Vans, Transit Passes & Changes to State Law: How Bus Driver Shortages & Soaring Costs Spurred Innovations in Getting Indianapolis Students to Class

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For many schools, one of the biggest problems occurs before classes even begin. Busing has become a conundrum that tests districts every morning.

While driver shortages and rising costs for buses and repairs are issues for schools nationwide, in Indianapolis, these challenges have spurred innovations for both the school district and a nonprofit that supports the charter and innovation schools that educate 60 percent of the city’s children.

Because the district’s per-pupil busing costs outpaced that of other districts in the state, “We had to rethink our long-term strategy,” said Zachary Mulholland, Indianapolis Public Schools’s executive director of operations. 

With school choice available to every student in the district, children in Indianapolis travel farther on average than those who attend their neighborhood school. Throw in rising transportation costs, the city’s odd star shape and a massive road construction project downtown that necessitated changing routes, and change was necessary, he added. 

In September, the district started enforcing rules limiting bus service to elementary students who live more than a mile from school and to high schoolers who live more than 1.5 miles away, consolidated school bus stops and offered some high schoolers mass transit passes in lieu of school transportation. This removed about 2,500 students from the bus system, allowing the district to chop 70 routes from the 300 it had been running.

The 31,000-student district expects to save more than $4 million in transportation costs this school year, more than 10 percent of its transportation budget.

Consolidation was also the answer for the city’s innovation and charter schools — but for a different reason. Before the pandemic, each school would arrange transportation for its own students, meaning thousands of kids were criss-crossing the city’s 368 square miles every day. But this unwieldy arrangement was exacerbated when the pandemic started; it became harder to find drivers, bus vendors had less capacity to serve single schools, and as school choice grew, it became more likely that children living on the same street would be attending different schools, said Kateri Whitley, director of communication at The Mind Trust, a nonprofit that supports school choice in Indianapolis. “This created a lot of inefficiency.”

Seeking a solution, Mind Trust officials decided to raise money, hire six bus drivers and partnered with a transportation company to combine service to numerous schools.

When that idea was thwarted by the school bus shortage, the group investigated using vans — but ran into bureaucratic red tape. A state regulation prohibits the use of any vehicle other than a full-size yellow bus to transport children to school, even if the schools need to move only a handful of students.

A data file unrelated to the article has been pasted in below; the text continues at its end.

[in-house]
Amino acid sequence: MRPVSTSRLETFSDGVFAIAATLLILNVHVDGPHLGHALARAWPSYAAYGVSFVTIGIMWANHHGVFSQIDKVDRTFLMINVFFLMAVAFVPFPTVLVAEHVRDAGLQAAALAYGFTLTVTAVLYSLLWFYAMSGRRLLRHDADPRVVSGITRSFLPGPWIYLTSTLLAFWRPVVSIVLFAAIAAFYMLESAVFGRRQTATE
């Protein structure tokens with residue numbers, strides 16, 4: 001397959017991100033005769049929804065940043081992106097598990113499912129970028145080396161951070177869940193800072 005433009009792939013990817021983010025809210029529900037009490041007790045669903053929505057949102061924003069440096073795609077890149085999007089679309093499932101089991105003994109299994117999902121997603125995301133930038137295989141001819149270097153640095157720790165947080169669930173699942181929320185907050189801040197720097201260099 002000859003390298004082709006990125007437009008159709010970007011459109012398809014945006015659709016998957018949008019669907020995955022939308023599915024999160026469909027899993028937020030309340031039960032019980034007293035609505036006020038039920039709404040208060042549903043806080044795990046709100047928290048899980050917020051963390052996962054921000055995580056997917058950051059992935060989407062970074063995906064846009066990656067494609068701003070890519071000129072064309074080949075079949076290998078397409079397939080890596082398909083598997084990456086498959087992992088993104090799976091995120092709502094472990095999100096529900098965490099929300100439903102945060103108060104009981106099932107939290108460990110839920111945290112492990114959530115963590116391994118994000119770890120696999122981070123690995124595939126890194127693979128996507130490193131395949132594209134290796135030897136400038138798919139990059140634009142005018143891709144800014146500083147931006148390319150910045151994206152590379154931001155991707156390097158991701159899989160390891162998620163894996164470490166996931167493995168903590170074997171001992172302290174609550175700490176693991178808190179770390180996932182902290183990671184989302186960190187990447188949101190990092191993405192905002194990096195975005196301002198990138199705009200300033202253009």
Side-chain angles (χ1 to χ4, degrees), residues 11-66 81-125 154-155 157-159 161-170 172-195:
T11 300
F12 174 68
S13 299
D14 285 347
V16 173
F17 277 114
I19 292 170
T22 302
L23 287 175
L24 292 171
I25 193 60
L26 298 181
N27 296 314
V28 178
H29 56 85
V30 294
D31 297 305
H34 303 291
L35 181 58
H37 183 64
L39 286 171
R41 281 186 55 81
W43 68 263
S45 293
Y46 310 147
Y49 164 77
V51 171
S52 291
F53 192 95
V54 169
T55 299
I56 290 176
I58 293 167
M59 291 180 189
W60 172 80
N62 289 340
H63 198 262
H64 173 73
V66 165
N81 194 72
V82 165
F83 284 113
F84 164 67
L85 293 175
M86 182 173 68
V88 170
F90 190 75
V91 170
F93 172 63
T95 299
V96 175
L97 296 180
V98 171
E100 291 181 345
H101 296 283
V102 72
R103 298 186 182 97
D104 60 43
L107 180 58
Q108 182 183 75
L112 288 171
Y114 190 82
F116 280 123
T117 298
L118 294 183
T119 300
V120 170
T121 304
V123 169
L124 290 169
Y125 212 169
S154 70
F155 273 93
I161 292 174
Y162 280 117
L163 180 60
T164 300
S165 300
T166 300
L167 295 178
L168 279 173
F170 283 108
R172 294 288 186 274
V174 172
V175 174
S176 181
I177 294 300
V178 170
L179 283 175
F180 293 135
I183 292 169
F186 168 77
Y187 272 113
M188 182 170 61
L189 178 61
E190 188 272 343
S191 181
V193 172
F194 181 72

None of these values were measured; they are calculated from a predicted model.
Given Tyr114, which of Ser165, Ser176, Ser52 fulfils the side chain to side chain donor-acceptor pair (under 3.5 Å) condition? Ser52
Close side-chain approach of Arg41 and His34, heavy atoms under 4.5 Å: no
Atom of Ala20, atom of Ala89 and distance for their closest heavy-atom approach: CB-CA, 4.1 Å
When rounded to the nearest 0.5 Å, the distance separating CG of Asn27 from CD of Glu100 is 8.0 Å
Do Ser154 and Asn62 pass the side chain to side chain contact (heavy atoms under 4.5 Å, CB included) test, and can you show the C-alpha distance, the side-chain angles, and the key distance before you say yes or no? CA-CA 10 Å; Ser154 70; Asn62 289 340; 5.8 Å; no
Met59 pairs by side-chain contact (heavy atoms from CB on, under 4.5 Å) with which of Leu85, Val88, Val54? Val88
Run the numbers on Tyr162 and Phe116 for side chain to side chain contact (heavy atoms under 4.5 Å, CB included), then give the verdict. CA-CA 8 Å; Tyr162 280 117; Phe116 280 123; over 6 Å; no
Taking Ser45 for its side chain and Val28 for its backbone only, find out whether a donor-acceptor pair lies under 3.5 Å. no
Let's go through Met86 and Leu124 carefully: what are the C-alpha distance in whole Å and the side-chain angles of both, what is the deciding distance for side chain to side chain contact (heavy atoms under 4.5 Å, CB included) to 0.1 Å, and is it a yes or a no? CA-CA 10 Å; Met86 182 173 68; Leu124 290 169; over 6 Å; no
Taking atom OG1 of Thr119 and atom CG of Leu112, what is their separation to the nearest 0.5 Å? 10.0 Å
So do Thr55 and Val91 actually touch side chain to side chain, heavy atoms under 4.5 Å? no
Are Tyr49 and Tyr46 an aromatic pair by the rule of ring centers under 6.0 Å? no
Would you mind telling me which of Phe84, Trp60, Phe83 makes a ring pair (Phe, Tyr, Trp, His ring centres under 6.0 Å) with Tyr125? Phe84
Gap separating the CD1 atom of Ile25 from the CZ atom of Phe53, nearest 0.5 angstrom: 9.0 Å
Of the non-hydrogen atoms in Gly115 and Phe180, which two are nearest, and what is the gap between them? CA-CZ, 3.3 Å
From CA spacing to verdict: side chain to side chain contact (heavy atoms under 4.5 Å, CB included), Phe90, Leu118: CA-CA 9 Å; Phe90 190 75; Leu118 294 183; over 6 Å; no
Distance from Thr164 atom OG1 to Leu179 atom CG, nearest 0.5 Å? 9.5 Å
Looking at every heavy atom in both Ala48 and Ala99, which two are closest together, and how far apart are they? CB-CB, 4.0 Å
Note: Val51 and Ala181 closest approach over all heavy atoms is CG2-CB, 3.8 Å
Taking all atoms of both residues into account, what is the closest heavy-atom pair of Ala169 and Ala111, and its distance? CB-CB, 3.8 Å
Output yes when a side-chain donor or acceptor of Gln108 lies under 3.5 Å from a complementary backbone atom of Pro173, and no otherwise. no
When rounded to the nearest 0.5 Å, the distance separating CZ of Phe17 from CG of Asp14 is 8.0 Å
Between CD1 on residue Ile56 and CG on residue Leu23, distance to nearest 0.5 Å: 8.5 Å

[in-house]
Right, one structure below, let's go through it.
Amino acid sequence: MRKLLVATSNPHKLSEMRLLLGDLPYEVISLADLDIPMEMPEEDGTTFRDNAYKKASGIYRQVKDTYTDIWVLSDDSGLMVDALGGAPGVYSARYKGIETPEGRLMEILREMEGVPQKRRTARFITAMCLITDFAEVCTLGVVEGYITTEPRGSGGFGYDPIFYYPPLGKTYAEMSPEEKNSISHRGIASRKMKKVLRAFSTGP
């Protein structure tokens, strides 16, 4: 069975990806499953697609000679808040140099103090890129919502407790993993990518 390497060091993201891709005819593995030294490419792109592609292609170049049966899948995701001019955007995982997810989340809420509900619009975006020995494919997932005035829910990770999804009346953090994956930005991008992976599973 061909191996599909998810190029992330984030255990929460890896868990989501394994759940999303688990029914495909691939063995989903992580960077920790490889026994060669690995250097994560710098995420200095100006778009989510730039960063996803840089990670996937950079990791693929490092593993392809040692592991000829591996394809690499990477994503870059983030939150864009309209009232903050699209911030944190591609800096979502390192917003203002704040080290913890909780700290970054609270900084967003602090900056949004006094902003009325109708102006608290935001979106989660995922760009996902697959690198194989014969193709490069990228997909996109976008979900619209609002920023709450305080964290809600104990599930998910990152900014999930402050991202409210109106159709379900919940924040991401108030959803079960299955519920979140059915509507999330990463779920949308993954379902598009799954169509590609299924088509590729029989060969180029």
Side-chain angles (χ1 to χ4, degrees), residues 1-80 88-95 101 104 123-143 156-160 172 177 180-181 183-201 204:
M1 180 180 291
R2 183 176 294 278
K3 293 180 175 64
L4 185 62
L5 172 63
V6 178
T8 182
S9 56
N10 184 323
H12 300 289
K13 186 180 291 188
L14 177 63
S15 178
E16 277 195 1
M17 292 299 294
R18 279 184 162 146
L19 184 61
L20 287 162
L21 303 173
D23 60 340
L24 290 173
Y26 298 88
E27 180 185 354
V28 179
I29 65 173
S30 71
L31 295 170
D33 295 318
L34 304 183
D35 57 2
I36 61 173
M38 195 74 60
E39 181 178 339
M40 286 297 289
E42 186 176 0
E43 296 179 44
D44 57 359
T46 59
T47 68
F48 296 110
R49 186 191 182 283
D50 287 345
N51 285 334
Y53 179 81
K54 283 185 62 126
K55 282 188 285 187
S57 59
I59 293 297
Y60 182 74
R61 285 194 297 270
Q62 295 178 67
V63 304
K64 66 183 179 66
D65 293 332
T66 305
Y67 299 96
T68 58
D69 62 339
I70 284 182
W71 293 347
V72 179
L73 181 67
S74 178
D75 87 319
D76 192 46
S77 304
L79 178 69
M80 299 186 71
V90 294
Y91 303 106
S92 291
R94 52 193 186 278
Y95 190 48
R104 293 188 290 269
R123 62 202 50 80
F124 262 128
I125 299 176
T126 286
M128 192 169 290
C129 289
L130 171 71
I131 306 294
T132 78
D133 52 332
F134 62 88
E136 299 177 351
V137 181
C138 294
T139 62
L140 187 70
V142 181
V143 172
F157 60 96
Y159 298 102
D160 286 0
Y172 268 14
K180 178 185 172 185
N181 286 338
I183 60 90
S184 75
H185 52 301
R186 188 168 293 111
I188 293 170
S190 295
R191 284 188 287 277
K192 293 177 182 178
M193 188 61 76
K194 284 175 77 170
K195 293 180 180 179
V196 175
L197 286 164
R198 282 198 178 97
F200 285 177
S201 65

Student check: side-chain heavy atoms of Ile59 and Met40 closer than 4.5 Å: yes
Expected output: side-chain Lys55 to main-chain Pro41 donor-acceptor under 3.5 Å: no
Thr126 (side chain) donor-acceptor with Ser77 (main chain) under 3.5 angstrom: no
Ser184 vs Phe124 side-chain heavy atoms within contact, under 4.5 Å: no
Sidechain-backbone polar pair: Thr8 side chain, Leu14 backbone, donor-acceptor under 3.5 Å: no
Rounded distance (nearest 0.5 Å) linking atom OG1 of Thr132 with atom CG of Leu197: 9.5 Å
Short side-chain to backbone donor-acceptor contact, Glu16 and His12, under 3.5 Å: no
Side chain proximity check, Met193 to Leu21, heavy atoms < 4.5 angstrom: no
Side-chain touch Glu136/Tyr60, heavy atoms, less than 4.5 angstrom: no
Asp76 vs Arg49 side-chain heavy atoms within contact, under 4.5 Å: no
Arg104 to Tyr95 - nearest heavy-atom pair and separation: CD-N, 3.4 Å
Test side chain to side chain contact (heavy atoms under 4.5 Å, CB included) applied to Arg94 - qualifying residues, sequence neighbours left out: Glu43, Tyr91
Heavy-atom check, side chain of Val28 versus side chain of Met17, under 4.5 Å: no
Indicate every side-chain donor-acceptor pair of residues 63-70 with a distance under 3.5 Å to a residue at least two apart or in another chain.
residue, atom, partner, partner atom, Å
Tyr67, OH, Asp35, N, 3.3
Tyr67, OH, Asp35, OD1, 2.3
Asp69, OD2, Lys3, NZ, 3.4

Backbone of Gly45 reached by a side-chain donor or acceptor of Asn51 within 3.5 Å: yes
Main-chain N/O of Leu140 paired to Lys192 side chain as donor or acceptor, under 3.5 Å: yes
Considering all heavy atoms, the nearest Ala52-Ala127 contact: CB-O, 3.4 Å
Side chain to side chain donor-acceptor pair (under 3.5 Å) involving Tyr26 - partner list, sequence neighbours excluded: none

“It’s really hard for a single school to get good [bus] service,” said Brandon Brown, CEO of The Mind Trust. “We view this as an equity issue. These are some of the most onerous transportation rules in the country.”

Brown took his cause to the state Legislature and persuaded lawmakers to pass a bill that would give schools the flexibility to use smaller vehicles to transport students. The legislation fixes two problems: It allows schools to use vans, and the drivers won’t need a commercial license, making them easier to hire in today’s competitive workforce. Gov. Eric Holcomb signed the bill March 18.

Such attempts to rethink transportation to improve student service while controlling costs are rare, according to a report from Bellwether Education Partners that calls for more schools and governments to consider radical changes. In the last 40 years, the per-student cost of busing a child from home to school has jumped 75 percent, according to the nonprofit’s 2017 report, Miles to Go: Bringing School Transportation into the 21st Century. This is mainly due to two factors: with more school choice, students are as likely to travel crosstown as across the street, and fewer overall students are using buses to get to school.

Though Indiana is one of only two states that don’t require districts to offer students any transportation to school, the Indianapolis district has been ahead of the curve for a while. The district refurbished its bus fleet in 2016 by buying 100 buses, Mulholland said, and it outsourced its entire transportation system ahead of the 2020-21 school year, shielding the district from the nearly $1-a-gallon increase in gas costs last year.

Still, the district “felt the pinch,” Mulholland said, as it raised salaries and doubled up routes to battle driver shortages. And while existing contracts protected the district from inflationary price increases, that’s a temporary respite until those contracts are renegotiated, he said. 

While Indiana’s prohibition on using passenger vans to transport students may seem outdated, it is far from rare. Twenty-nine states prohibit using vans with students in any way, while another 11 states, including Indiana, allow them only for school-related activities, such as field trips and athletic events.

The change could save millions of dollars for the city’s charters and innovation schools, said Brown. The Mind Trust hopes to serve up to 15 schools this fall using both full-size buses and passenger vans, Whitley said. 

“Parents want a more responsive school transportation system, customized to the choice they are making,” Brown added.

Disclosure: The Mind Trust provides financial support to The 74.

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